A garden is inherently a place of growth, for plants and for New York City children. Growing up here, I once turned to my father and complained that I didn’t have a backyard. My father, a writer who’d left a home with a backyard where it was impossible to grow, came to downtown Manhattan where anything was possible. Even gardens surrounded by tenements. He looked puzzled, then irate. There were gardens, there were parks. Children on the Lower East Side plant and play in spaces that have been tended to by the community. It does indeed take a village.
A garden can be an escape as much as it is an extension of home. It just isn’t as often outside of your door. Thankfully, New Yorkers are used to traveling many blocks for what they need.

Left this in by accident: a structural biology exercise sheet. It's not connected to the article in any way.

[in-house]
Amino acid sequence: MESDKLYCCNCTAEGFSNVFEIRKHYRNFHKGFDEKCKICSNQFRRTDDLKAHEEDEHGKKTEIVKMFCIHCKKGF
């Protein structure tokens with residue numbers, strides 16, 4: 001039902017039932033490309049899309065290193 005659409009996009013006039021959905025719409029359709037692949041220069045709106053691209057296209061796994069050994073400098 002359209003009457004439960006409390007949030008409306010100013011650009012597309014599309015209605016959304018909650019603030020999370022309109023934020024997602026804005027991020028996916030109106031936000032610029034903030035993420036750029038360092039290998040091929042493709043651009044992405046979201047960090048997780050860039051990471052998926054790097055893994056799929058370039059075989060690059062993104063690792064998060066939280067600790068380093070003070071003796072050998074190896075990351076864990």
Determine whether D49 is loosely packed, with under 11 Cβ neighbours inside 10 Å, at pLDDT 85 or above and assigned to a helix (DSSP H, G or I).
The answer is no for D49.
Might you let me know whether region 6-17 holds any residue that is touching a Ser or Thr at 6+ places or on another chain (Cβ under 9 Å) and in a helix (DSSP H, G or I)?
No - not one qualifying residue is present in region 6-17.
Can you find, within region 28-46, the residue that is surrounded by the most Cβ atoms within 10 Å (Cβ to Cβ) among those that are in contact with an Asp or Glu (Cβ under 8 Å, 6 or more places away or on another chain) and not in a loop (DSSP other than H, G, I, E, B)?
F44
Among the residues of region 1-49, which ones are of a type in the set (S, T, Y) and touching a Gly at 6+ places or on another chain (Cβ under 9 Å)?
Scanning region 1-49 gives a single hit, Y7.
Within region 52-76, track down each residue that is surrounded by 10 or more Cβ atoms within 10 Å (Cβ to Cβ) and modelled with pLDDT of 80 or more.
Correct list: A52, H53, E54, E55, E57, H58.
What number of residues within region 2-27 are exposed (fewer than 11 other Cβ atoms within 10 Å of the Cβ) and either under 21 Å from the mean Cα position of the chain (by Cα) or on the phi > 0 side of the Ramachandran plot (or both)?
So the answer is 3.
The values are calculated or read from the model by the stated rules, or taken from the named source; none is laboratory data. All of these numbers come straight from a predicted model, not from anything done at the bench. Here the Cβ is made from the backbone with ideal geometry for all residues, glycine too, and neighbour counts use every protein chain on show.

A garden can also be a political act, of taking something once private, then left behind, and giving it new life. Giving a community local sustainability. By showing that something beautiful, something that continues to grow — Is a community’s growth.